The turning of the new century caused the hearts of settlers in the Payson area to swell with hope and enthusiasm for the years just ahead. In 1900 there was a sense of standing on the threshold of progress. New babies were born, an election was held and great changes were in the wind. Over on the San Carlos Indian Reservation the military rule relaxed its grip on the Tonto Apaches, who now were returning to the places of their family origins.
Traditional campsites around Payson included the East Verde River all the way from Webber Creek down through today’s East Verde Estates. The hill overlooking Main Street that the settlers would call Indian Hill was another traditional home, as well as places along Rye Creek. Upon returning, however, the Apaches found that white invaders had occupied their hunting and camping grounds. A reasonable arrangement was reached between the two groups when the peaceful Tontos found work as woodcutters, laundresses and ranch hands among the settlers. Soon they would become the primary work force in constructing new roads.
Some of the Payson area’s solid citizens were putting their roots deep as the year 1900 come upon them. Out near the crossing of the East Verde, John and Sydney Holder accumulated large flocks of Angora goats, hauling the much sought after wool to market in Globe. There was rejoicing when both of their wives delivered babies in July of 1900.
Sydney’s 28-year-old wife Carrie was on time giving birth but the following November both mother and child died of typhoid. Their graves, enclosed by a white picket fence, have been maintained ever since along Sycamore Creek and are seen from Highway 87 on the way to Pine.
John and Sarah Holder’s baby was born July 2, 1900, and named Sarah Mae. She would grow up and marry Walter Haught, and become the mother of Pat who became Mrs. Raymond Cline. Although Walter Haught and Mae Holder were born within six days of each other, and 15 miles apart, these two babies of the new century would not meet until they were 18.
Over on Webber Creek pioneer William Craig had discovered the Grand Prize Mine and it had developed to the point of needing a superintendent. In 1900 he hired a fellow from Denver named George A. Randall to supervise the mine and build a smelter at the East Verde crossing where the road to the Verde Valley passed by. The ore was brought down from the mine, and today one can find evidence of slag from the smelter on the upstream side of the modern bridge.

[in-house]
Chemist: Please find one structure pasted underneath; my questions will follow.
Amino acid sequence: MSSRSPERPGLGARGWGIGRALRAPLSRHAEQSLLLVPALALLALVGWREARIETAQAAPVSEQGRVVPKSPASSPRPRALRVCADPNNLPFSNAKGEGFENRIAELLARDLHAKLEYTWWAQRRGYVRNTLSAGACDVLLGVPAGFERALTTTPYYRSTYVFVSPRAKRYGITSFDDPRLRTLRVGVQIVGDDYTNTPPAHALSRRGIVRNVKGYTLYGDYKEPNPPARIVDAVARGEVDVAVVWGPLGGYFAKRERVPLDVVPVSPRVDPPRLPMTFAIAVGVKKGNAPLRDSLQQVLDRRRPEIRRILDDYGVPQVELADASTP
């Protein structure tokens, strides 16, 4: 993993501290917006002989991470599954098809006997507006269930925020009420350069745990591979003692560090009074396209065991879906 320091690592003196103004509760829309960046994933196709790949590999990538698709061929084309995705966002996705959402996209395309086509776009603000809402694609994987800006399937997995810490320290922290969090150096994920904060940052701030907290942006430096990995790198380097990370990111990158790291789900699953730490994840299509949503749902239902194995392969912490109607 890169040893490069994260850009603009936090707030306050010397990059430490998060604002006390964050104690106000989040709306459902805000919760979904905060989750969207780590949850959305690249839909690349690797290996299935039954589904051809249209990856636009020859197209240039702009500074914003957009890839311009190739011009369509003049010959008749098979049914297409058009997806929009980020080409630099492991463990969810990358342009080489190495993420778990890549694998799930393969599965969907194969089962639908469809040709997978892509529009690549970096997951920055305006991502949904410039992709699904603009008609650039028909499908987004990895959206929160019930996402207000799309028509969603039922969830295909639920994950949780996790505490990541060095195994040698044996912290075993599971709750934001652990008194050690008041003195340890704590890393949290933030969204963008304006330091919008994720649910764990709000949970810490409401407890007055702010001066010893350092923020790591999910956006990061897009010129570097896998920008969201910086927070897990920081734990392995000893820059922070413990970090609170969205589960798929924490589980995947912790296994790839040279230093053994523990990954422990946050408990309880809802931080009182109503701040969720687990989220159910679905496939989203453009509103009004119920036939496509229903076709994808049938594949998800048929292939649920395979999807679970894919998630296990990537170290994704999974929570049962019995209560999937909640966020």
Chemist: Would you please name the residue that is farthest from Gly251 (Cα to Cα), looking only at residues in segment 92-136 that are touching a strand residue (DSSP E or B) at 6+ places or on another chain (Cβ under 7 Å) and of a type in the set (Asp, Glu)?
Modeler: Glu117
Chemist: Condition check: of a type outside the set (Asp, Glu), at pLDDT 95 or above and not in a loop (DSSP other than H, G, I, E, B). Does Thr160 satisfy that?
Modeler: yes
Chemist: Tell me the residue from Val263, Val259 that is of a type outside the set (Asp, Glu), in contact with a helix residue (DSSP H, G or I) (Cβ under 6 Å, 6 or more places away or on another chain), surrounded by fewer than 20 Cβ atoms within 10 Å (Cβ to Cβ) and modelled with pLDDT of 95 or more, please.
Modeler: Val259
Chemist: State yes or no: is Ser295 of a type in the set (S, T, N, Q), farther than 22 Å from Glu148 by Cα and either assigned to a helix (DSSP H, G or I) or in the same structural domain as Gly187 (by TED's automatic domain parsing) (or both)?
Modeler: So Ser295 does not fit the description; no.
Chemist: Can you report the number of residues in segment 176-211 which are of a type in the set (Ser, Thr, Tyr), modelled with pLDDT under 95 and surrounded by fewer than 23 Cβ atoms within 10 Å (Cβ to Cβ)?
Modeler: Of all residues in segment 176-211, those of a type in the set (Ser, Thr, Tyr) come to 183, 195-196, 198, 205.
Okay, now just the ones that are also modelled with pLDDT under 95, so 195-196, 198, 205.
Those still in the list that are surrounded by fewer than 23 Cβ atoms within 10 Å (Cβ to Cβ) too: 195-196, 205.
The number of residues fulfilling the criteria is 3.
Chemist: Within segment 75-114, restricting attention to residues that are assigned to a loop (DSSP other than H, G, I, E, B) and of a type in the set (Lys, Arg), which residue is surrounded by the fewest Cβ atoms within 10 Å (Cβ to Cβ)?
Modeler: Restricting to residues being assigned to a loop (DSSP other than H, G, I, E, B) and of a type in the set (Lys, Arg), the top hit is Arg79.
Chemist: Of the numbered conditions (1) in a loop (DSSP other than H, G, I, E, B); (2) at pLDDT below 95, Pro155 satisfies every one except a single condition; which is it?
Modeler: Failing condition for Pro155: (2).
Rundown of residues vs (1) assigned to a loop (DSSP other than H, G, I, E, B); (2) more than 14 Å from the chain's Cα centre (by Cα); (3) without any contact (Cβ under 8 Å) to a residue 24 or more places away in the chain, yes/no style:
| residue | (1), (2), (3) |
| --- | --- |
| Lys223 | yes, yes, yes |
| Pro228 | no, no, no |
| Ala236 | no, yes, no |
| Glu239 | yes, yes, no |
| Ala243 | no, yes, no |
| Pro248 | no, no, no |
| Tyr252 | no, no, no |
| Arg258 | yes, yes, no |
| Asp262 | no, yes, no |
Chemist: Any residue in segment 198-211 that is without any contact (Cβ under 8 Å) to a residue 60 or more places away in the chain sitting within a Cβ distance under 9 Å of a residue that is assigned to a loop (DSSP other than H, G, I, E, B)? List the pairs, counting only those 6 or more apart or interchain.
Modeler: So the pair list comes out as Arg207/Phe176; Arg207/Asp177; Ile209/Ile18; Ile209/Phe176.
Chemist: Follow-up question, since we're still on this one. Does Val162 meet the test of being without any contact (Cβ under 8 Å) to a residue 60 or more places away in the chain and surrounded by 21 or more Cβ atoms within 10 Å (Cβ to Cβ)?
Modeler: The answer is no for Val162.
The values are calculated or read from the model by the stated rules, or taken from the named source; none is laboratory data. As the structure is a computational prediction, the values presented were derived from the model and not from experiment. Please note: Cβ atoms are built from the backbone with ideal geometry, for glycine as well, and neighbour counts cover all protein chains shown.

Randall set up a mining camp on a flat near the mouth of Sycamore Creek. That creek flows into the East Verde just down stream from the modern bridge. It would have been hard to predict in 1900 that George Randall would become Payson’s famous Justice of the Peace, and his daughter would be the town’s famous schoolteacher. But those stories will come later.
Out at the Ellison’s Apple Farm on Ellison Creek a young politician from Globe was courting a cowgirl named Duett. The new century held untold adventures for the couple, who would be married in 1904 and in 1912 Duett Ellison’s husband, George W. P. Hunt would be elected the first governor for the new state of Arizona.
Also in 1900 a New York dentist was deciding that life held more for him than open mouths. He wanted to hunt in the western wilderness and become a writer. Four years into the new century Zane Grey would privately print his first novel, and by 1918 he would come to Payson on his way to Tonto Creek, where his presence would turn a corner for Rim Country history and the future of Payson.
Down on Rye Creek, Sam Haught II was putting behind him the grief of losing four children to diphtheria. He could not know that his wife Dagmar would soon divorce him, and together with his second wife they would contribute children who made a deep mark on the life of Payson and the Rim Country. Nor could he foresee that five years after the turn of then century he would be elected to the Territorial Legislature.
Out on the headwaters of Webber Creek, where the Geronimo Boy Scout Camp is today, young John Henry Thompson, called “Rim Rock Henry” because of his location under the Rim, was still smarting from an 1896 defeat in his run for sheriff of Gila County. He could not foresee that he would be elected to that office in 1906 and would serve as a territorial sheriff longer than anyone else in U. S. history. His face was to become familiar on the streets of Payson.